EP062 - Deep Dive Amazon-Go Store concept
On Monday 12/5/16, Amazon surprised the industry by debuting a new retail concept called Amazon Go. The 1800 square foot brick and mortar convince store’s most notable feature is that it requires no checkout. Just put your items in your shopping bag and walk out of the store when you are done. Payment is handled implicitly (similar to paying for an Uber).
The store is for Amazon Prime members only (requires a mobile app to act as a key and let you in the store), and uses a combination of camera and sensors to track shoppers and the items they put in their bags. The store is open to Amazon employees only for this month, and will be open to all prime members “early next year.”
Amazon has a website for the store, and a demonstration video
Context and History
In the video and on the info site, they talk about having been working on the store for 4yrs
The store likely leverages image recognition technology Amazon acquired via Snaptell 2009
The store clearly leverages elements of two patents Amazon filed in 2013 and 2014
Implications for the Industry
This is not the first self-checkout concepts. Grocery stores have been experimenting with full cart scanners for years, Apple has self-service checkout, Walmart has scan and go checkout, and startup Twyst has a “smart bag” that adds up purchases as you put them in the bag. What’s unique here is they aren’t just making checkout easier/faster, they are eliminating it. In fairness, IBM made a concept video with the exact same checkout experience in 2009, but it was based on RFID and never went further than the vidmazon has made it real, and is letting customers experience it.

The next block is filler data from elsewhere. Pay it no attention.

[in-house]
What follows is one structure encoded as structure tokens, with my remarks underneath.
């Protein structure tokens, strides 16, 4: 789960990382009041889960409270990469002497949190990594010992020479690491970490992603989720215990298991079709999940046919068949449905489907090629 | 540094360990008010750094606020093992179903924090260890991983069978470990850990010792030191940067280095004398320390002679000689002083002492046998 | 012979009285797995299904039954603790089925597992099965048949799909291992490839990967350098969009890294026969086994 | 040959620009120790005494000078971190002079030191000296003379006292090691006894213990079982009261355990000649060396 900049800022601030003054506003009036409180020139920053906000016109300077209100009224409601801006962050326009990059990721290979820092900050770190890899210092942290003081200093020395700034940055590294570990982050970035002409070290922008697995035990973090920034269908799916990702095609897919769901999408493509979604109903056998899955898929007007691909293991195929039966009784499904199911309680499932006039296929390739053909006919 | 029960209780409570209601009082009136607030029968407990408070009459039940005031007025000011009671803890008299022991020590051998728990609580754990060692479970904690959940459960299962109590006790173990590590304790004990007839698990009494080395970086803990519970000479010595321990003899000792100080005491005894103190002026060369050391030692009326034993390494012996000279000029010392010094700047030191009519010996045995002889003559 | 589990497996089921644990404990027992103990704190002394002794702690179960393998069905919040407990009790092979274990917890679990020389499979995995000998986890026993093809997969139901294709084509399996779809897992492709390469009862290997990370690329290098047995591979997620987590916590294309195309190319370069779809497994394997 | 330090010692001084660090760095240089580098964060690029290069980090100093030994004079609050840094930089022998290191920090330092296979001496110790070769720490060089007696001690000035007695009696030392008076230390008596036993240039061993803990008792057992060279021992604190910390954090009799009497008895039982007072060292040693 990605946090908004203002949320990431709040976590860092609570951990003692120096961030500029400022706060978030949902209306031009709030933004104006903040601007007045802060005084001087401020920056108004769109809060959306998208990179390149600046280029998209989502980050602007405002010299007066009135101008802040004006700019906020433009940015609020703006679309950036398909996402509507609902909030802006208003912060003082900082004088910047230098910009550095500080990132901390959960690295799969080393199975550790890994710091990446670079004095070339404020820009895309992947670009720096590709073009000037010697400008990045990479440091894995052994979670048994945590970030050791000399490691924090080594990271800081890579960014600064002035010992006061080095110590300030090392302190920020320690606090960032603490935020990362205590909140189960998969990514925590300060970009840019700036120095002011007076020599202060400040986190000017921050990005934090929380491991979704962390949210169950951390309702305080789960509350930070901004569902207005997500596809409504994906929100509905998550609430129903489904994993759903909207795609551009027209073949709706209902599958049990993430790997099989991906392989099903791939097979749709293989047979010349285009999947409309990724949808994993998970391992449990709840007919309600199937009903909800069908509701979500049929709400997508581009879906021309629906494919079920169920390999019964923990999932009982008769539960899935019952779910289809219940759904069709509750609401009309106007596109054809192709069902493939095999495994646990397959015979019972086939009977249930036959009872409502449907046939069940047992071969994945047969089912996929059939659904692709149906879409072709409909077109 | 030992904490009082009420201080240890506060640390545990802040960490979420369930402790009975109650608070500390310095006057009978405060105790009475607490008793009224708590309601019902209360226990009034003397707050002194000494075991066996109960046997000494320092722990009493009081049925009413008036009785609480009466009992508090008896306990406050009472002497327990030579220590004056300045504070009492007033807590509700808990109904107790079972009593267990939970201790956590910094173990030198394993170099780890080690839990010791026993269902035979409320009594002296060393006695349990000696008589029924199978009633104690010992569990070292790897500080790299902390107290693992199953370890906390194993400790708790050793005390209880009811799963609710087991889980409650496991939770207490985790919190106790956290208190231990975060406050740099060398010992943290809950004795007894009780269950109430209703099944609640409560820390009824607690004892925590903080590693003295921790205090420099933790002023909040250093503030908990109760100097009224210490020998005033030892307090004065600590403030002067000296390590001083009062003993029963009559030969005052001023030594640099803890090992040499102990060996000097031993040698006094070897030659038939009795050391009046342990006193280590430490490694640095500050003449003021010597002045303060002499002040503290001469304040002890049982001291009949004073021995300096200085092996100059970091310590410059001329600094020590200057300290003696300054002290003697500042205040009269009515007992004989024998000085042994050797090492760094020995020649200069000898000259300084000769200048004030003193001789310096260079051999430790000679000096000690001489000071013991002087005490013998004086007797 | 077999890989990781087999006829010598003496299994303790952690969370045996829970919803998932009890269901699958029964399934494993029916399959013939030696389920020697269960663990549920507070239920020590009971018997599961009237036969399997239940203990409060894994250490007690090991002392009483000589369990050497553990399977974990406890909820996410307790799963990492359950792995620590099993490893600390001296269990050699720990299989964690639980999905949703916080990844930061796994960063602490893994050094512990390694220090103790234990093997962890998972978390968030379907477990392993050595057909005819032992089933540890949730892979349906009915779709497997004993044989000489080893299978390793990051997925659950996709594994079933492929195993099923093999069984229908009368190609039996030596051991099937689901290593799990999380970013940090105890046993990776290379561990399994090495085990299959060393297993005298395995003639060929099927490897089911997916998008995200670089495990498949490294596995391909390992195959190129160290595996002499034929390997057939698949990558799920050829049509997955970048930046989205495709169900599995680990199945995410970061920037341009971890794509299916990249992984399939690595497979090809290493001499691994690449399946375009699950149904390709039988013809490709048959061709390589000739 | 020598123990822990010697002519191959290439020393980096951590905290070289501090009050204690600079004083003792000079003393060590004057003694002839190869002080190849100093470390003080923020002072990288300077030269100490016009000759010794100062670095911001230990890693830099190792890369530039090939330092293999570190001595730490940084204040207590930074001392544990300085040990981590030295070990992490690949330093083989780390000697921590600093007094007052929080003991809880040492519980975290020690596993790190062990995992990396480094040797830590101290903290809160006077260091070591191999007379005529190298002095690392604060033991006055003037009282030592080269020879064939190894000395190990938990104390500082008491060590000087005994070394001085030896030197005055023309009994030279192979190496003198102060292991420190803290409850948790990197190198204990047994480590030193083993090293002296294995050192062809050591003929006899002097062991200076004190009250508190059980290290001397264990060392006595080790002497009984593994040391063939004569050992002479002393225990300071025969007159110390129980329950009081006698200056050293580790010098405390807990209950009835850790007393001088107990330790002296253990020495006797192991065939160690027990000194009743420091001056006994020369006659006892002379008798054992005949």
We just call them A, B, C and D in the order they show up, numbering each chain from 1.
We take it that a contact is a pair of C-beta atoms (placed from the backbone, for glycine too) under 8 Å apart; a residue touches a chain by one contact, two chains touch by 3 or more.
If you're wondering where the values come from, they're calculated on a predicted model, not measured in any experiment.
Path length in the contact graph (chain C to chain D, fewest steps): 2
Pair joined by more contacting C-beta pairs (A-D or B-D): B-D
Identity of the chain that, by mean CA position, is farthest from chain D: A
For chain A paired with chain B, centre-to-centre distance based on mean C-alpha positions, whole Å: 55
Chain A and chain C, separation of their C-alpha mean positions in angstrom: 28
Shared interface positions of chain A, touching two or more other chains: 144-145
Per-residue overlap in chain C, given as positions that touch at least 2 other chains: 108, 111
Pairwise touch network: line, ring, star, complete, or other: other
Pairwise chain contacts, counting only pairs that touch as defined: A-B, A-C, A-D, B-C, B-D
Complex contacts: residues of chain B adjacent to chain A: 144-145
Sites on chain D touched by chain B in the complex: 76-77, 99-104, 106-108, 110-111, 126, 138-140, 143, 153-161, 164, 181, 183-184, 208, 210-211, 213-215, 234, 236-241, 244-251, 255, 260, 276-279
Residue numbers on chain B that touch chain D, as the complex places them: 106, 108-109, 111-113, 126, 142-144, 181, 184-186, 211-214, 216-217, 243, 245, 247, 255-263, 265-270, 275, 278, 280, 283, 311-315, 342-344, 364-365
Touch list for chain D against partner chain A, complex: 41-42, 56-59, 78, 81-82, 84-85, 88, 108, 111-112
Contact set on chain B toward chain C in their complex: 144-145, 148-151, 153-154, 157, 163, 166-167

All the technologies Amazon is using have been around (and in the retail industry for a while) but no other retailer has built this store. This is largely due to Amazon’s unique culture… failure is encouraged and Amazon employees are free to experiment. Most legacy retailers would quickly make a list of reasons not to do the store and move on, Amazon did it anyway.
Regardless of the specific technology, operational issues, scalability etc… customers are likely going to love the experience. Once they have experienced it, they are going to want and expect it everywhere. For the busy Mom, lower friction experiences usually win, and taking checkout from something that has to be done explicitly to something that happens implicitly is going to be very popular with shoppers. Once again, Amazon is setting the customer experience expectations that the rest of the retail industry must try to live up to.
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Episode 62 of the Jason & Scot show was recorded on Tuesday December 7th, 2016.
http://jasonandscot.com Join your hosts Jason "Retailgeek" Goldberg, SVP Commerce & Content at Razorfish, and Scot Wingo, Founder and Executive Chairman of Channel Advisor as they discuss the latest news and trends in the world of e-commerce and digital shopper marketing.